Eighty half-hour lessons can be taught over 1-2 years, entirely at the users' own pace. Four stages of learning (Foundations, Activities, Discovery and Library) begin at a teacher-intensive pace, but become more student-focused after the Foundations stage. Initially, students learn 2-3 phonogram/letter sounds (letter names are not used) per week, using the Phonetic Farm Folder and stickers to group them according to similarity and kind.
By the Activities stage, students are able to work alone for a 30-minute period and integrate games along with learning more phonograms. Once they reach the Discovery stage, they should be proficient enough to work with the Discovery card packs, thirty sets of 10 cards each that provide decoding practice. Finally, at the Library stage students read aloud to the parent from books included on the recommended books lists in the teacher's manual and divided according to easy, medium and hard difficulty.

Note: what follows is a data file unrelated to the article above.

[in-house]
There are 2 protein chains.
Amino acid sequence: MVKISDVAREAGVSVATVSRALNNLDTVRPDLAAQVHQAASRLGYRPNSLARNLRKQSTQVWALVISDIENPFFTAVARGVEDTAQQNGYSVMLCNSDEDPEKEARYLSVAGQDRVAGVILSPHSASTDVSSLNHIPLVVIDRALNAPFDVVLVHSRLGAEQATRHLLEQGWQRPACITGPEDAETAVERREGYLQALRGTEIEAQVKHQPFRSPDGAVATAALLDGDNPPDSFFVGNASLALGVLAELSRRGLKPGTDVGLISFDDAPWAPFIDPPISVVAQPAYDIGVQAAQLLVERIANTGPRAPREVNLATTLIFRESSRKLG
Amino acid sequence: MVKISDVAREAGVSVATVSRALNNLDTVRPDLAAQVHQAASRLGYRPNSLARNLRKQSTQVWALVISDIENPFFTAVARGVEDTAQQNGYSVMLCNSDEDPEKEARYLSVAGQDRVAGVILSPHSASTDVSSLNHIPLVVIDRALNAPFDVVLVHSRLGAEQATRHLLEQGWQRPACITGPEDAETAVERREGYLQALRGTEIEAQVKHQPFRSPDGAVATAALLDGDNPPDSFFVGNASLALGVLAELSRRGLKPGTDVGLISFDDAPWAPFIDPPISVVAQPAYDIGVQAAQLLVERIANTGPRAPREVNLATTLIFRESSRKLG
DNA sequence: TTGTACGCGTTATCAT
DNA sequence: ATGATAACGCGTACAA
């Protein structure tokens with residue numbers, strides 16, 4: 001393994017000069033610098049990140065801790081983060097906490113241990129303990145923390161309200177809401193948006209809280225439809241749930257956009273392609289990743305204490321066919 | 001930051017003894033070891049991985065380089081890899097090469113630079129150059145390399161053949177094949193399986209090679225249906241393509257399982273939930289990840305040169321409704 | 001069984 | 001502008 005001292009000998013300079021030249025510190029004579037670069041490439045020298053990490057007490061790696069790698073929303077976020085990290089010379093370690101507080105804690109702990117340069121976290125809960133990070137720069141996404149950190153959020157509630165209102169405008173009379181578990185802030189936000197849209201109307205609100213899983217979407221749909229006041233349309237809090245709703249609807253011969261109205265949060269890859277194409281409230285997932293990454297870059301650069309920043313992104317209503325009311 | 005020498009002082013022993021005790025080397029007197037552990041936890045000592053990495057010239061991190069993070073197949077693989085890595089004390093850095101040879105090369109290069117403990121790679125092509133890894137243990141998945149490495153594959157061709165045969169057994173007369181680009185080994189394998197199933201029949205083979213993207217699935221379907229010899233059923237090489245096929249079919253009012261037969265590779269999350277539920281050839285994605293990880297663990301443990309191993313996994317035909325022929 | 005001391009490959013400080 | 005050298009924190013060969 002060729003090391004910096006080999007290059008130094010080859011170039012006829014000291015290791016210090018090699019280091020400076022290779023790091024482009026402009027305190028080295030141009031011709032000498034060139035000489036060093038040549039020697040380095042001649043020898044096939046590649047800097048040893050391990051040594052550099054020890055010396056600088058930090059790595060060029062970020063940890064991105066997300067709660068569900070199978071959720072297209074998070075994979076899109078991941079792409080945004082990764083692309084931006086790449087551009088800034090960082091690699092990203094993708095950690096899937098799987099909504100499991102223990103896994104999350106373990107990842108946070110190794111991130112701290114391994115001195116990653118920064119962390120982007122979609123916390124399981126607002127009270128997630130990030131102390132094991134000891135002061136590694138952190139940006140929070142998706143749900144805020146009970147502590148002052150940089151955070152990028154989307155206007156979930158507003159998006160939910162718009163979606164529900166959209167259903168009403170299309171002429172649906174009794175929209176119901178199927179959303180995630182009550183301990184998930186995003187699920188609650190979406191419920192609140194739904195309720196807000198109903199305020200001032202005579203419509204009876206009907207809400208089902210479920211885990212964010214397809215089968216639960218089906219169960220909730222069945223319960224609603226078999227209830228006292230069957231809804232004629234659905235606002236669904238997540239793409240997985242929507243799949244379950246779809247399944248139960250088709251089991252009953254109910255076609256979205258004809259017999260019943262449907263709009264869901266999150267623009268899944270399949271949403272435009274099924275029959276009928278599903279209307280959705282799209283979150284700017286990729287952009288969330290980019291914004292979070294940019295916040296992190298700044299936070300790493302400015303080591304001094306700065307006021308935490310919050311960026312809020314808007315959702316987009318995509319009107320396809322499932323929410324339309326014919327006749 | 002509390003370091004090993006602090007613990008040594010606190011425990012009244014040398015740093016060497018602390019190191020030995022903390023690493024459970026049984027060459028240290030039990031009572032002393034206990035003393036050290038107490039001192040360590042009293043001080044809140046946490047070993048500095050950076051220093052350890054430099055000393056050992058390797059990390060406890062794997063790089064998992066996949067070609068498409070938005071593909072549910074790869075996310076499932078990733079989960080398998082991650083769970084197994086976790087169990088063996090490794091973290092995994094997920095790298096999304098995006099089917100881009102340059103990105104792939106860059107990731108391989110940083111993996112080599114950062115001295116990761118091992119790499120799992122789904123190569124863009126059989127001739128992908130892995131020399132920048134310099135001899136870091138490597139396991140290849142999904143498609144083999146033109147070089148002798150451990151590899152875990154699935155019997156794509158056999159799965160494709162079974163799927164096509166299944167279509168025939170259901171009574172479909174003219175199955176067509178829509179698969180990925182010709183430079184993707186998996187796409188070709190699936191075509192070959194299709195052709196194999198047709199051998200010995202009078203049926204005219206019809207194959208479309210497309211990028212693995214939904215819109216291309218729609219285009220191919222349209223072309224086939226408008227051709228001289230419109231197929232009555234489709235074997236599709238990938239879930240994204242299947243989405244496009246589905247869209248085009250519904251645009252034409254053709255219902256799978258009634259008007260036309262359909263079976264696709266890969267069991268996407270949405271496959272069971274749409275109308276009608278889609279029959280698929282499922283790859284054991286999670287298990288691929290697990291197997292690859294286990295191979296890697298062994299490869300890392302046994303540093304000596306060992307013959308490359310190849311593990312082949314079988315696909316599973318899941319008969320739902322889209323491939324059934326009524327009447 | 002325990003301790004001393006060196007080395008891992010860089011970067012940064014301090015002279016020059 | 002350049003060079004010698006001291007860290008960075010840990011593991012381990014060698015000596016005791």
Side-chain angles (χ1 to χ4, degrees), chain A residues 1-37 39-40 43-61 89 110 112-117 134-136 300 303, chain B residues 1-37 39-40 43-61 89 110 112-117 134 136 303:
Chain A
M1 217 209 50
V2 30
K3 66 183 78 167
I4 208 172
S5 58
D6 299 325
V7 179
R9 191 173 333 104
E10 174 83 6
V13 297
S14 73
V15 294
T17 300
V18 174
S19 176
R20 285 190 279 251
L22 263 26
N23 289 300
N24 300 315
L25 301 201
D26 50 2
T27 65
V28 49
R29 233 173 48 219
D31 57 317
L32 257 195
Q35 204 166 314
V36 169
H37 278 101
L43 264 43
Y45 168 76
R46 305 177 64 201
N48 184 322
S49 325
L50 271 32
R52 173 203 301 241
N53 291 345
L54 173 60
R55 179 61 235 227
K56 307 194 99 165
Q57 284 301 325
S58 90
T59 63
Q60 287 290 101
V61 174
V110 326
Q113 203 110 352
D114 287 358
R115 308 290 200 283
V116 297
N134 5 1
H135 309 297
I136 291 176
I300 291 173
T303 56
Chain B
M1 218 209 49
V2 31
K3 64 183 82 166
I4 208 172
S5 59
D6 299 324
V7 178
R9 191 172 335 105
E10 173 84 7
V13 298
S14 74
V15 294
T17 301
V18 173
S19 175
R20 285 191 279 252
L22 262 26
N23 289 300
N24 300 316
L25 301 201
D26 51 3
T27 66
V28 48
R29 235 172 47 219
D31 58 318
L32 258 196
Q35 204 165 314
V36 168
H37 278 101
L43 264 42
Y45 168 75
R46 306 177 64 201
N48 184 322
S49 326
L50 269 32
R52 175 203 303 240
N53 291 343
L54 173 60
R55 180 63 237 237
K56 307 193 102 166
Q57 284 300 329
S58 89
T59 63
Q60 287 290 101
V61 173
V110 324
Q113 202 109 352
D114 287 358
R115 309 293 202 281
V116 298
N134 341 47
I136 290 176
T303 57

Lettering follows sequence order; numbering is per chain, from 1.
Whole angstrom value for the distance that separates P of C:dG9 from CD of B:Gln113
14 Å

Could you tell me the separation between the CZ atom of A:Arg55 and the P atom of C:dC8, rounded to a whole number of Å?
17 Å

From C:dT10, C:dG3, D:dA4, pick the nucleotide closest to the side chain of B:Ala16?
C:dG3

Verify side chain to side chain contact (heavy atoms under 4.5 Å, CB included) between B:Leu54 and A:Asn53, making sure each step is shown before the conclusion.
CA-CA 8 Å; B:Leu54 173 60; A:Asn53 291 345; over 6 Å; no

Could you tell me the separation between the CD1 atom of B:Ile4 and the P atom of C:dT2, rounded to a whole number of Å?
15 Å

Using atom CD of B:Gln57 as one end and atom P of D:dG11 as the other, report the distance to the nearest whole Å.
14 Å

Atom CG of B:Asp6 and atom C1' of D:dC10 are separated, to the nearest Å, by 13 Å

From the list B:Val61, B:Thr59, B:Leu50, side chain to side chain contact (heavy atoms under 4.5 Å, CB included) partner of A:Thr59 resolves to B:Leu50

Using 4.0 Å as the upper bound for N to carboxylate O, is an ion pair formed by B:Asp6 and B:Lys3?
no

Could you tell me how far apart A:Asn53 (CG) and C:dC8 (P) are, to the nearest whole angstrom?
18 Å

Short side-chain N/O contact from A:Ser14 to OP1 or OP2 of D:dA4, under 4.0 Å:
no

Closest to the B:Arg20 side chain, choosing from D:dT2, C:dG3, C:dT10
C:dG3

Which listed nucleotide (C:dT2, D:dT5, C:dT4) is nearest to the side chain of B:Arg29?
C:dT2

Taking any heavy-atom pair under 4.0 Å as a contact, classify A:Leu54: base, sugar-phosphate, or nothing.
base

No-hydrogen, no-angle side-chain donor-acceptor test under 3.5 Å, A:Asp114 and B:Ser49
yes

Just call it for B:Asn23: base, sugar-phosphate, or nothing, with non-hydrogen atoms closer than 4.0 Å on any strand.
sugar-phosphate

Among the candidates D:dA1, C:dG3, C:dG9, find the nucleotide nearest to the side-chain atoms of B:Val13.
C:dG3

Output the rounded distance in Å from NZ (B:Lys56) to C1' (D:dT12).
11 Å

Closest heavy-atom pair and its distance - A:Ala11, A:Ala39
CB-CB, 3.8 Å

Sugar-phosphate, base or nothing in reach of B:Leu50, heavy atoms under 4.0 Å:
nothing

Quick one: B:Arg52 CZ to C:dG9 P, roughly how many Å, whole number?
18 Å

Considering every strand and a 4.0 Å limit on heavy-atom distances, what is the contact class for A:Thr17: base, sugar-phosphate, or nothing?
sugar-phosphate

Each lesson centers around a poem (usually famous) that provides the basis for several lessons. Some minor advanced preparation is required, though Pike suggests preparing games and cutting out cards be a shared activity between parents and students. Lessons are fully scripted for parents, and are uniformly intuitive. Parents will want to watch the full DVD presentation before trying to teach the program, and the student books and vocabulary-specific readers will need to be printed beforehand.
Primary Arts of Language: Writing may be started somewhat after the Reading portion of the program, since kids need to have developed a level of motor skills before making strokes with a pencil. There is a teacher's manual, and a DVD-ROM with full course presentation by Pike and PDF student books. All About Spelling Level 1 is also used, though not until Part Two of the three-part program.